EMC Regulatory Compliance does not ensure functional safety
12 May 2017
One of the biggest problems faced by all electrical and electronic equipment is that of electromagnetic interference (EMI). However, what's peculiar is that, despite the rising use of devices that are susceptible to EMI, until recently there have been no clear guidelines for EMC as regards functional safety. Here, Keith Armstrong, worldwide EMC specialist at EMC Standards, looks at how engineers can ensure that EMI will not cause excessive functional safety risks.
All electrical and electronic technologies emit electromagnetic (EM) disturbances that can interfere with the correct operation of radio-communication equipment or other electronics. Modern technologies are particularly likely to cause such disturbances, worsening the EM environment that electronic devices are exposed to.
EM disturbances can cause problems to electronic equipment, ranging from degraded functionality to complete failure. The discipline of controlling the limits of EM emissions and the levels of immunity is known as electromagnetic compatibility (EMC).
EMC is increasingly becoming more valuable in electrical and electronic engineering. As we continue to integrate more electronic technology into our lives and into our businesses, from computers and mobile phones to variable speed drives (VSDs) and programmable logic controllers (PLCs), we are also seeing a rapid increase in the use of electronics in safety-related applications.
Engineers and their managers are all under pressure to make sure that the equipment and systems we use in our businesses do not expose people to safety risks. Despite the fact that most of us understand the importance of protecting devices against electromagnetic interference (EMI), there is often confusion about exactly what constitutes good EMC in the interest of ensuring that EMI does not cause excessive functional safety risks.
Good EMC vs EMC compliant
Many people think that the one necessity for good EMC is that equipment and systems meet the EMC Directive and are CE-marked. Unfortunately, neither the EMC Directive nor its harmonised EMC standards cover EMC-related functional safety, and this is clearly stated in the EMC Directive.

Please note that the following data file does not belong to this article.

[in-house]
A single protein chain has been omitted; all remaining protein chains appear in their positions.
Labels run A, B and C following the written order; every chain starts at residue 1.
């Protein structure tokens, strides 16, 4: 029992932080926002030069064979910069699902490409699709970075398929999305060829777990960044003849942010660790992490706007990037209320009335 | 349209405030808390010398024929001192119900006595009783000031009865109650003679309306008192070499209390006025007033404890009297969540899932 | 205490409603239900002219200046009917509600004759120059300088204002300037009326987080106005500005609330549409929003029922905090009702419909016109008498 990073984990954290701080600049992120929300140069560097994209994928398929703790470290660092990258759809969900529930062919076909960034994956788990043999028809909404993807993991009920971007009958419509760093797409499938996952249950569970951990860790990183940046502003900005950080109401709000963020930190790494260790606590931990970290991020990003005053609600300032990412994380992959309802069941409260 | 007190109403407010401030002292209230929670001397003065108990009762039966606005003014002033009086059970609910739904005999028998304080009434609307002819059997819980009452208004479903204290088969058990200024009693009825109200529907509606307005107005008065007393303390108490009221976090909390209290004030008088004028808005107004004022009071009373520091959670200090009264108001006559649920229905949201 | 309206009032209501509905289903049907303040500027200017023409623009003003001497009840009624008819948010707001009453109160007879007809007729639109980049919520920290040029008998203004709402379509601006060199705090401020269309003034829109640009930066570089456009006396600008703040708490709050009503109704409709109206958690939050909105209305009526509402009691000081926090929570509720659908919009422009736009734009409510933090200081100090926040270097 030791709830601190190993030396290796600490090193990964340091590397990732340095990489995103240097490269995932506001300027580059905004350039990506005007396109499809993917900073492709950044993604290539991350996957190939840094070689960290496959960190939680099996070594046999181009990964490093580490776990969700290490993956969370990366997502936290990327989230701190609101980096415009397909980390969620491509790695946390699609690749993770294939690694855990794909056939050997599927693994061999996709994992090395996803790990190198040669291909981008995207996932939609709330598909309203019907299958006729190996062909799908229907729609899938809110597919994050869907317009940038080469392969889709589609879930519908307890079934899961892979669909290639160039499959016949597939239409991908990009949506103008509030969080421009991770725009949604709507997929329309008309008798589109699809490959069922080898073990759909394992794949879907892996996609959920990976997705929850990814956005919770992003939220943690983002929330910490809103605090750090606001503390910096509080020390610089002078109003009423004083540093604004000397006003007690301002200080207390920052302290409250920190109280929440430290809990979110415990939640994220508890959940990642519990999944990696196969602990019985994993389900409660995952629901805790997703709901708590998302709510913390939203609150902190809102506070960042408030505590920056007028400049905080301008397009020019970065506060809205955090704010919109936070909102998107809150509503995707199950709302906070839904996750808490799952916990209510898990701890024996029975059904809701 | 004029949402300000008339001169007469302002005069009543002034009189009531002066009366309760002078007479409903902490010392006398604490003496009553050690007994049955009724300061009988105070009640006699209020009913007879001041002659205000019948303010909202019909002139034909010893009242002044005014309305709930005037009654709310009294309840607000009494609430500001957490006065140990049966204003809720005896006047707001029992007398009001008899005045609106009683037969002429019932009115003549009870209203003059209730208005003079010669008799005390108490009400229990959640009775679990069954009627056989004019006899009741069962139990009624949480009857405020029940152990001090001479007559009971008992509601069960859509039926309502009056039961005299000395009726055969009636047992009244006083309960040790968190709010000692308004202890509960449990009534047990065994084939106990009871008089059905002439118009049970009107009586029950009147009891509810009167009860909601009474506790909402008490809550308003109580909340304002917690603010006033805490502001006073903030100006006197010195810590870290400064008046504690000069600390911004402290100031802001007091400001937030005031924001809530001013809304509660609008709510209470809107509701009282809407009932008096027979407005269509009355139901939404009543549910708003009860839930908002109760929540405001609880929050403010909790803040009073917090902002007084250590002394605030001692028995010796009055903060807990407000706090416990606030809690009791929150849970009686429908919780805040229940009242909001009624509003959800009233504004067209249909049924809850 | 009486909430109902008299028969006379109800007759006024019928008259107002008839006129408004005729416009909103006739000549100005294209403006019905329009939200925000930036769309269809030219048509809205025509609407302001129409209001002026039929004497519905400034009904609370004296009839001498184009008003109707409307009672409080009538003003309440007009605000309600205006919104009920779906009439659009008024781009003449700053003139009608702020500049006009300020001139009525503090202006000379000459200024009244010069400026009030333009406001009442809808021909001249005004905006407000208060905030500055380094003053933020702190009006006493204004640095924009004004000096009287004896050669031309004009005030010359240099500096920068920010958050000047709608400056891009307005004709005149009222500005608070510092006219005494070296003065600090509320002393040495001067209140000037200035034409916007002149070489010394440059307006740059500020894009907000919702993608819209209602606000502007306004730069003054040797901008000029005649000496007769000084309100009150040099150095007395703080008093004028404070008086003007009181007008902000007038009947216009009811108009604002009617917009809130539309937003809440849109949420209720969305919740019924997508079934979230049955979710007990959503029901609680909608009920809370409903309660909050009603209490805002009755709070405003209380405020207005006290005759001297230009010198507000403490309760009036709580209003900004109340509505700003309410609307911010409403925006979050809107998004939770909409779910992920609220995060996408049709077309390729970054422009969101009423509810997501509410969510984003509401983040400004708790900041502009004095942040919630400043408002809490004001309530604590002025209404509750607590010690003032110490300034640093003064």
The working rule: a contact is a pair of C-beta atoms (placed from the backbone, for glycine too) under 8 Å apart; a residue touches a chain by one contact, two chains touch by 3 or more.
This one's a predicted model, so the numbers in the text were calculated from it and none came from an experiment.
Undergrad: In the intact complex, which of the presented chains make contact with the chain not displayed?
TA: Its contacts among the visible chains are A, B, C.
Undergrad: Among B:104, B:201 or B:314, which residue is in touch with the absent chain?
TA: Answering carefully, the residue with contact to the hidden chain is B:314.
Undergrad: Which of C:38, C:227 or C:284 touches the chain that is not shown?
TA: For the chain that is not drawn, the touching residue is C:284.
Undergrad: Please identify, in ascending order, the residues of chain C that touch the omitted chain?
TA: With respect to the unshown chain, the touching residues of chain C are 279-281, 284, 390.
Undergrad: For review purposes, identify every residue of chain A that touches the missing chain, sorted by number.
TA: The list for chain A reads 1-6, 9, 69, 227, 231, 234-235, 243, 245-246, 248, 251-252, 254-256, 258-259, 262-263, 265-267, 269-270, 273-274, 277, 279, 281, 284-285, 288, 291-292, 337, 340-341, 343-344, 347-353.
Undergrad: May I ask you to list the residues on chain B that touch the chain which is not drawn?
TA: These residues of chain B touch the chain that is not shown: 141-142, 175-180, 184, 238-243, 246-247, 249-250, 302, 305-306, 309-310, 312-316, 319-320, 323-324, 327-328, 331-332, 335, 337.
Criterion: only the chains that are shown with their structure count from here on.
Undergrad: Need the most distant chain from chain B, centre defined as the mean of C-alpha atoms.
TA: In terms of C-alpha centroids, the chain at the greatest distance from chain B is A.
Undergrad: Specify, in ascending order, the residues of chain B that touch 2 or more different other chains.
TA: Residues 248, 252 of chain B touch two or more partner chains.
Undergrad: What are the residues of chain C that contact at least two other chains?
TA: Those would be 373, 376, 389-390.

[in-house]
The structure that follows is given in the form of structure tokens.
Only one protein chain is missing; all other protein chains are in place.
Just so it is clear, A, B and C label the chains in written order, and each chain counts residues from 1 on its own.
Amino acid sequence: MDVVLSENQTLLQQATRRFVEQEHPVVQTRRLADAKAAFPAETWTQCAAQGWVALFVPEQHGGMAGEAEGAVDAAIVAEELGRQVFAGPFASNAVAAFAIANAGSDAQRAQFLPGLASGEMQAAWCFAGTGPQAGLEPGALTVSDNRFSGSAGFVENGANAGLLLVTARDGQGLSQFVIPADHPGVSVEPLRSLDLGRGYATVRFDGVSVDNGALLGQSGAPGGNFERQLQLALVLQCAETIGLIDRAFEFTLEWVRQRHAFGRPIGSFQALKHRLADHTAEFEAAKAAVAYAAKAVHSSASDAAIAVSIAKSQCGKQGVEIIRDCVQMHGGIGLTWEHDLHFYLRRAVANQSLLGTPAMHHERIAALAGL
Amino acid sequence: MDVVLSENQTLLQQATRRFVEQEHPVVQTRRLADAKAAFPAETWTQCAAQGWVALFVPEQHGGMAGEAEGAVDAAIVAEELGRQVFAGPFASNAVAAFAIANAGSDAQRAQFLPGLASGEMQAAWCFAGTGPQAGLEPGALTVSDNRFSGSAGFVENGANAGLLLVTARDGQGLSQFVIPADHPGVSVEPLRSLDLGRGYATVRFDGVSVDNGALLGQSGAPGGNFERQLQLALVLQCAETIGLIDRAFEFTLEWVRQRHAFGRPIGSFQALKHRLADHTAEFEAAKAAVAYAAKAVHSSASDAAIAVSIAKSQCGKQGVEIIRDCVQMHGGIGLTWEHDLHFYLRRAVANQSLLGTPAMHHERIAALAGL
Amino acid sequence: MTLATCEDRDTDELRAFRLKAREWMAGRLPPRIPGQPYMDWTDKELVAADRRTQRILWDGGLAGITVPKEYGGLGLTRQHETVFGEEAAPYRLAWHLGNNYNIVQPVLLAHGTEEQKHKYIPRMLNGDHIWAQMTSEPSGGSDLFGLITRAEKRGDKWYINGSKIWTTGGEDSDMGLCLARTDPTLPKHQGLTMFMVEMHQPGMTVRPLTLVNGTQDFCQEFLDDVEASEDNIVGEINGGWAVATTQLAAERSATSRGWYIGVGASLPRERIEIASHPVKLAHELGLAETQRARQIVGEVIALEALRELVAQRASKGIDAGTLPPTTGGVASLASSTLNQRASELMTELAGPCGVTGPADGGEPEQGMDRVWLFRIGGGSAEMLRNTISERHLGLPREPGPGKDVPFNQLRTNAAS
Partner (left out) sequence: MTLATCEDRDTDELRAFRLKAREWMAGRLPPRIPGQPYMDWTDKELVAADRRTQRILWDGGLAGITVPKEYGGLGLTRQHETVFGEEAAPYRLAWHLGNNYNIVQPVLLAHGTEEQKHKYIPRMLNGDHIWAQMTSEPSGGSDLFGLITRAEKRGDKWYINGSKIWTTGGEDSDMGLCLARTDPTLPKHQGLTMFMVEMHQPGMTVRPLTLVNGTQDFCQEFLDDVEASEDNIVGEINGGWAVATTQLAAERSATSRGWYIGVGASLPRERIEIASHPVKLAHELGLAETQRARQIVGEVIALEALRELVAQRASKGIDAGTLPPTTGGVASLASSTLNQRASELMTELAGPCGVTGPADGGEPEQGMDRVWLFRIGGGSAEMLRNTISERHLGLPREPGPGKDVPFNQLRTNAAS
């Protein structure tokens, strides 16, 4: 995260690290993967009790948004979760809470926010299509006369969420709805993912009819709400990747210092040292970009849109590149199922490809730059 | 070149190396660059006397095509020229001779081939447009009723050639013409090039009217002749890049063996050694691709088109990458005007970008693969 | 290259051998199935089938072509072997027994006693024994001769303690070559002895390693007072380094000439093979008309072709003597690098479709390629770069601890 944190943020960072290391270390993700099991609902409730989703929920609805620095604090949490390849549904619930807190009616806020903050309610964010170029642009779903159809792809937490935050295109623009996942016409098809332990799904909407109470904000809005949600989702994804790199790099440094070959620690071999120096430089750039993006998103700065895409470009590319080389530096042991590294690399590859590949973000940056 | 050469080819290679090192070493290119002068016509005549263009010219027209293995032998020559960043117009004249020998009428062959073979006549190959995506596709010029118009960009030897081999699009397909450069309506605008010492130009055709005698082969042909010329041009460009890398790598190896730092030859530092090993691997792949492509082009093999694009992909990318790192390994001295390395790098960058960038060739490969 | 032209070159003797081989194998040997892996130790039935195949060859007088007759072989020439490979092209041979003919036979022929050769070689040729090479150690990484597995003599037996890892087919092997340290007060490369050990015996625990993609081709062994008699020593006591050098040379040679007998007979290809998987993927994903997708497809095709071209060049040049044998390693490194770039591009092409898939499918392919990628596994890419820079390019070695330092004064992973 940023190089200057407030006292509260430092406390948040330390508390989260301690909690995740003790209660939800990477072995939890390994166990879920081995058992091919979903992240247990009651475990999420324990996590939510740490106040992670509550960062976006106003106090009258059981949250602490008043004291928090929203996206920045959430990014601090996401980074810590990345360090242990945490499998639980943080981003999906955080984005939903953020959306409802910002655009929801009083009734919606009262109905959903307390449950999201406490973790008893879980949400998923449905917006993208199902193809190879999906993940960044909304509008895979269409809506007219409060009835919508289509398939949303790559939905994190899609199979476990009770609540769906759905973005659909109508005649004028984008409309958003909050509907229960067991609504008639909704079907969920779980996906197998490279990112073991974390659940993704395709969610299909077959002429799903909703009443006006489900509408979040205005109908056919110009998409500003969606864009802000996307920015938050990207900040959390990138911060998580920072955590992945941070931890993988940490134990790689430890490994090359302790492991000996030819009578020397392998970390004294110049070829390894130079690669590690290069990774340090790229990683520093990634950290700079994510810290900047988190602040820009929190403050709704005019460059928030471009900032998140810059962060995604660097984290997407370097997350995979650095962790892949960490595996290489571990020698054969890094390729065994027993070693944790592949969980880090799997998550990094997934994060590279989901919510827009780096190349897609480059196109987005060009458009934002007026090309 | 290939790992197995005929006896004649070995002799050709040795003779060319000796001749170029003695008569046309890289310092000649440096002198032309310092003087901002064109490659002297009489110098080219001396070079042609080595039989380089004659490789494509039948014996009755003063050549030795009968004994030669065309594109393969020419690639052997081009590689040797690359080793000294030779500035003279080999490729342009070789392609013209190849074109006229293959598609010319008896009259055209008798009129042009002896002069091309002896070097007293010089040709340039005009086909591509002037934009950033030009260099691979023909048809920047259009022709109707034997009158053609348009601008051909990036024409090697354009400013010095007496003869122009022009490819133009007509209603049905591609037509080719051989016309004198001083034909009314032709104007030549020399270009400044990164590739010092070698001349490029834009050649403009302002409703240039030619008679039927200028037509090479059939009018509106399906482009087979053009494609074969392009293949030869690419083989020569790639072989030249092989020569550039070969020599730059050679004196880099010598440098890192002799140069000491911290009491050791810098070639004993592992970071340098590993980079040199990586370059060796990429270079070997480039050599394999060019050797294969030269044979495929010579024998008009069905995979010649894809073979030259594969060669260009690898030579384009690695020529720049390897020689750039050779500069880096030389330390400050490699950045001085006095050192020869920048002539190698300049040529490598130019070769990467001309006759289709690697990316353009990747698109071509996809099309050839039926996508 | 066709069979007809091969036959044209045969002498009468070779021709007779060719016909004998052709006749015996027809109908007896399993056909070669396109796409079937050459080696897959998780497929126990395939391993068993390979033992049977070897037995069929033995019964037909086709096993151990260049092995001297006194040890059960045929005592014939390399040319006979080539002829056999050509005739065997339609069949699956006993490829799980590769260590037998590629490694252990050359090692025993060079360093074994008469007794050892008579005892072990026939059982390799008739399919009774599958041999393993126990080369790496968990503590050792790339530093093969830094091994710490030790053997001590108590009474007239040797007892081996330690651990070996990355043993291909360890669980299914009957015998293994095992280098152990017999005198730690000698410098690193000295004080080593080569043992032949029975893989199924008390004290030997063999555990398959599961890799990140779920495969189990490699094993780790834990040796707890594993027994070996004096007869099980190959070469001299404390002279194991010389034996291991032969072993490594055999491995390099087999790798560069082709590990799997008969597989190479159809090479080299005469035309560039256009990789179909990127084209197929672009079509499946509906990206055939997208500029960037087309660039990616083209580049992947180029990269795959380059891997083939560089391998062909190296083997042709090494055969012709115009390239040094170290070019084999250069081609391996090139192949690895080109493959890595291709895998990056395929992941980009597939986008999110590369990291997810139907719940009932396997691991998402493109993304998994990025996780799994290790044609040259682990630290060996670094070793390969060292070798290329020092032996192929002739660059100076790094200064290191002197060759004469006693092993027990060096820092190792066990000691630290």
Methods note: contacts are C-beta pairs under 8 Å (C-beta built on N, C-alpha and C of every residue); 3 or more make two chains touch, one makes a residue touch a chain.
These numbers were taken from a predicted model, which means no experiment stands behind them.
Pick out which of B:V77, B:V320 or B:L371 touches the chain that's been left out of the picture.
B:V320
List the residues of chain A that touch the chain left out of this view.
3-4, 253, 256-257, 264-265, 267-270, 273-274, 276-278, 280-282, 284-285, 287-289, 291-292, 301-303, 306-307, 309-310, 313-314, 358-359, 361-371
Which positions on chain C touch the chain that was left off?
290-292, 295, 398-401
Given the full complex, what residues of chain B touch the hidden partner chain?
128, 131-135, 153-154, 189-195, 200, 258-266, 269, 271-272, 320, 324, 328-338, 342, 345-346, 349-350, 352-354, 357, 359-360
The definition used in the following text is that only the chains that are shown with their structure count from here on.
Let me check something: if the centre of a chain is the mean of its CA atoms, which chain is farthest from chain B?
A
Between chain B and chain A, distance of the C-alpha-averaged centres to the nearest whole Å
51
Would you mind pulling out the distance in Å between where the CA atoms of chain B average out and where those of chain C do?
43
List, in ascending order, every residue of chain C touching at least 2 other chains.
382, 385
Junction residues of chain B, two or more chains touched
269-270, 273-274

Also, most of the safety standards that are harmonised under the Low Voltage Directive do not cover EMC-related functional safety and some do not even cover functional safety at all. The Machinery Safety Directive and its harmonised safety standards attempt to cover the EMC issues for machine safety; however, they eventually fail by referencing the EMC Directive and its standards, which do not cover safety issues.
Because of the lack of coverage of this increasingly important issue by existing EMC or safety standards, issues of EMC-related safety are falling short of a sufficient solution. Since the commercial pressures on manufacturers are such that they are unwilling to go further than what they perceive, often incorrectly, as being their minimum legal obligations, the resulting safety risks are uncontrolled.
Although some IEC standards and technical reports have subsequently addressed these issues, they are not yet widely used or understood. They are also not explicitly harmonised under any EU Directives and unlikely to be so for many years yet.
EM in effect
As an example of an increasingly common EM disturbance, consider the possible proximity of mobile radio-communications to a safety-related electronic system. The EMC Directive’s immunity standards require normal functional performance to be maintained when exposed to radio-frequency (RF) fields at either three volts per metre (V/m) for residential, commercial and light industrial environments; or ten V/m for normal industrial environments. However, what do these V/m levels mean in real life for the proximity of mobile radio-communications?
Let us imagine that an engineer is using a mobile phone in a residential area with poor reception. If this were to have two watts of RF power, then we might expect any safety-related electronic systems in the area to maintain functional performance if the engineer was between roughly 2.5m and 5m from the system. In a normal industrial environment, however, it would be necessary to maintain functionality between 0.8m and 1.6m.
In this situation, if the engineer operated a connected PLC while using his mobile phone, he would obviously be much closer than 0.8m so the field strengths could exceed 10V/m and the equipment could suffer from degraded functionality. This could range from false data, such as bypassing a limit switch, to total failure of the operating system.
To ensure functional safety from an EMC perspective, it is critical that engineers carry out an effective hazard and risk assessment. This should consider what EM disturbances the apparatus may be exposed to; how the equipment’s own EM emissions impact other devices; what the health and safety implications of a disturbance are; and the confidence that the design will not permit EMI to cause excessive safety risks over the entire lifecycle.
EMI is set to be one of the biggest challenges that engineers will face in the future as more devices come into widespread use and confusion over functional safety persists. While the IET’s 2013 guidance will be published in early 2017 as their important new Code of Practice on “Electromagnetic Resilience in support of functional safety”, engineers should not delay in learning more about this important issue.
Information about EMC and the IET’s 2013 guidance can be accessed from the EMC/EMI risk management section of the EMC Standards website, alongside many helpful and informative articles and presentations. It is only by following the IET’s 2013 guidance (or modern guidance developed from it, such as the IET’s new Code of Practice) that engineers can ensure that equipment and systems are functionally safe as regards EMI.
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